Even the most famous two-way player, Babe Ruth, played only two seasons, 1918 and 1919 with Boston, as a regular in the field and on the mound. (He scattered five pitching appearances across 15 years with the Yankees.)
“I think a lot of guys don’t want to waste the time,” McKay said. “Like if one is behind the other, they don’t want to, hypothetically, get stuck somewhere waiting for one to catch up before they move. Or teams may not want to hold a guy back, if there’s one clear-cut way.”
That point underscores McKay’s biggest challenge, perhaps even more than staying healthy: Since he is essentially two players in one, his skills must stay relatively equal to move up at the same pace. He wants badly to succeed at both, he said, but he will not stand in the way of his own progress.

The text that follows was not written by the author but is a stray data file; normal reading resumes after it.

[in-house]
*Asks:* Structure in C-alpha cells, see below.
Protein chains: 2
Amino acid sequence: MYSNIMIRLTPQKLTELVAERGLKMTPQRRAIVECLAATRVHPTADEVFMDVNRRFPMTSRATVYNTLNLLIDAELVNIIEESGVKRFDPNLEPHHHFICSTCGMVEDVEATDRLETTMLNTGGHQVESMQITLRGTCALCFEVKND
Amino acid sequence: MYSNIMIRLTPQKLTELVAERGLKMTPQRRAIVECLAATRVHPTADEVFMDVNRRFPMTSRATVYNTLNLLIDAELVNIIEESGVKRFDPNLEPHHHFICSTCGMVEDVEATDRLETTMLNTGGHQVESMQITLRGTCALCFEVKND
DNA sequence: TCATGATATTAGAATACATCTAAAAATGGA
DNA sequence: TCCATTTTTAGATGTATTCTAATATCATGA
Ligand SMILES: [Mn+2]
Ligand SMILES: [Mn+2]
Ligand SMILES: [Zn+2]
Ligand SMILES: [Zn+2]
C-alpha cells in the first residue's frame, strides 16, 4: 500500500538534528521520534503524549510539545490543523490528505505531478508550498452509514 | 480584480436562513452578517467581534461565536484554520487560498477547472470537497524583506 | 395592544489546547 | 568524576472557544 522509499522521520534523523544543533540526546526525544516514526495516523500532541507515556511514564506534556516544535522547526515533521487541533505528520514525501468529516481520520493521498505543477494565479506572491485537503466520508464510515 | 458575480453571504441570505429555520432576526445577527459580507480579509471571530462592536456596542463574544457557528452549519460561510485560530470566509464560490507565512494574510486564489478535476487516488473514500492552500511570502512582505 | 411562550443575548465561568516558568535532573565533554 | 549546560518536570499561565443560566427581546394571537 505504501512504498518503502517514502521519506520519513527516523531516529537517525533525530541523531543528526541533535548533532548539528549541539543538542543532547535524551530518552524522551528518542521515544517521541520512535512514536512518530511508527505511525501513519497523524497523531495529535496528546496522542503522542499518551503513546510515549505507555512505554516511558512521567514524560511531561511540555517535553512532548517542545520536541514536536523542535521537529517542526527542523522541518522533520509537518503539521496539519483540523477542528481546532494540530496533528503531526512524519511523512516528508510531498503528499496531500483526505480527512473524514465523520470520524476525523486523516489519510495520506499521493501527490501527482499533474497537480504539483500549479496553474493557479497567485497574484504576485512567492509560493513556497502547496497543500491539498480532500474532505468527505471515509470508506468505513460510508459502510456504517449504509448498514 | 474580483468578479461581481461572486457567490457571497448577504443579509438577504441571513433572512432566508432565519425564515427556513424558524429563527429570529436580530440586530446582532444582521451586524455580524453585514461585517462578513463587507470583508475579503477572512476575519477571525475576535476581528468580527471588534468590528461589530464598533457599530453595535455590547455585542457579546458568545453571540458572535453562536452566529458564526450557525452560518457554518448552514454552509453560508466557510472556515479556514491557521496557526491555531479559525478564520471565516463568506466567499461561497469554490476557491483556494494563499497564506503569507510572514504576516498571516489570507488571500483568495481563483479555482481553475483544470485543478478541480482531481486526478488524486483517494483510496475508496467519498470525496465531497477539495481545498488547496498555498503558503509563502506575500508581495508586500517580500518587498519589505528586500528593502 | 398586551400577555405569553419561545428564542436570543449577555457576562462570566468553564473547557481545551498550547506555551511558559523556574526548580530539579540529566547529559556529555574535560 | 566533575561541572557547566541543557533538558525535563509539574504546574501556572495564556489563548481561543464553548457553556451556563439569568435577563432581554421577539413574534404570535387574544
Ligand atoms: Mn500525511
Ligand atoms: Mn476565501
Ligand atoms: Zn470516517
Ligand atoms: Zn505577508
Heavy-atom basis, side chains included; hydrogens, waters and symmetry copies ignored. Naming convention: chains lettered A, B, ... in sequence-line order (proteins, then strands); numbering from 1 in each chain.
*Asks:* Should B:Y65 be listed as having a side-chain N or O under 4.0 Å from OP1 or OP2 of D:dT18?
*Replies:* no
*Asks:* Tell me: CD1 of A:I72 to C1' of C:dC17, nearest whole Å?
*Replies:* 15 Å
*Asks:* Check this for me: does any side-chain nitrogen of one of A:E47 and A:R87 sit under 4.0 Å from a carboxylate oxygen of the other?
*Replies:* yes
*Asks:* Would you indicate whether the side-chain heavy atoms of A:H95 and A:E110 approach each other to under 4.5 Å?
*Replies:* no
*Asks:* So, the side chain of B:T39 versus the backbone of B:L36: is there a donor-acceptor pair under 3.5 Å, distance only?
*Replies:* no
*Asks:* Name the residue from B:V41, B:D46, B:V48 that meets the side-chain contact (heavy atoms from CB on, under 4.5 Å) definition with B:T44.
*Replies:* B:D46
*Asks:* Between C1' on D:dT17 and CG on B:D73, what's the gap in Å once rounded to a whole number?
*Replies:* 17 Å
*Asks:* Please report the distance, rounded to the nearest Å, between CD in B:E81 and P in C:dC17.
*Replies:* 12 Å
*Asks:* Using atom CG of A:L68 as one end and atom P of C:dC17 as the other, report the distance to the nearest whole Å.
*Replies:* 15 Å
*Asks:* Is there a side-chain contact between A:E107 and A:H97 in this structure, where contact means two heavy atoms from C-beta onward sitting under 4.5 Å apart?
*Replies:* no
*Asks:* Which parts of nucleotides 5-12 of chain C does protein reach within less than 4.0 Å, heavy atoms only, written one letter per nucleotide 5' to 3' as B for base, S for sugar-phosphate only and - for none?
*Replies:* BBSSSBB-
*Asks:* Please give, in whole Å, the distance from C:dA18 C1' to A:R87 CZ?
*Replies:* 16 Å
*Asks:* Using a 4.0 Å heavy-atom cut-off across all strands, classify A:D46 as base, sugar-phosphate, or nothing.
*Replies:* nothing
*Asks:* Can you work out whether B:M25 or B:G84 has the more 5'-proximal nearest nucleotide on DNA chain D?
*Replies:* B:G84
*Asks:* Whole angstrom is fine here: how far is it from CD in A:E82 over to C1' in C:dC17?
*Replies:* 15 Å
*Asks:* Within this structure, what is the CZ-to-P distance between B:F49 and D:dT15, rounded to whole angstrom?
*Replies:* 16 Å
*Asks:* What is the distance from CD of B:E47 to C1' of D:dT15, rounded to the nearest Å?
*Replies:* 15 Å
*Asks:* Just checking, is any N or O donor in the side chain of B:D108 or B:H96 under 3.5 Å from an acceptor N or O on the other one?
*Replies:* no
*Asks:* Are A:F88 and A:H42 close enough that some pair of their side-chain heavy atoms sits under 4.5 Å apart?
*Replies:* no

“It’s like in the draft situation,” McKay said. “If say they wanted to say, ‘Hey, you can go to the big leagues if you want to be a pitcher,’ you’re not going to say no. At one point there’s going to be a situation that presents itself that you’re going to have to pick. If you’ve got that opportunity to get into the big leagues, I think you’re going to take it.”
For now, there is no need to choose. The minor leagues are a laboratory for a team like the Rays, and the game will decide when to end the experiment — if it ends at all.
“When the speed of the game gets to the point where he can’t handle one or the other, then we’ll know,” said Szekely, the hitting coach. “And if it doesn’t, then we’re going to have a pitcher and a hitter in the big leagues that’s going to be productive on both sides. Now is just the fun time to sit here and see what he can do.”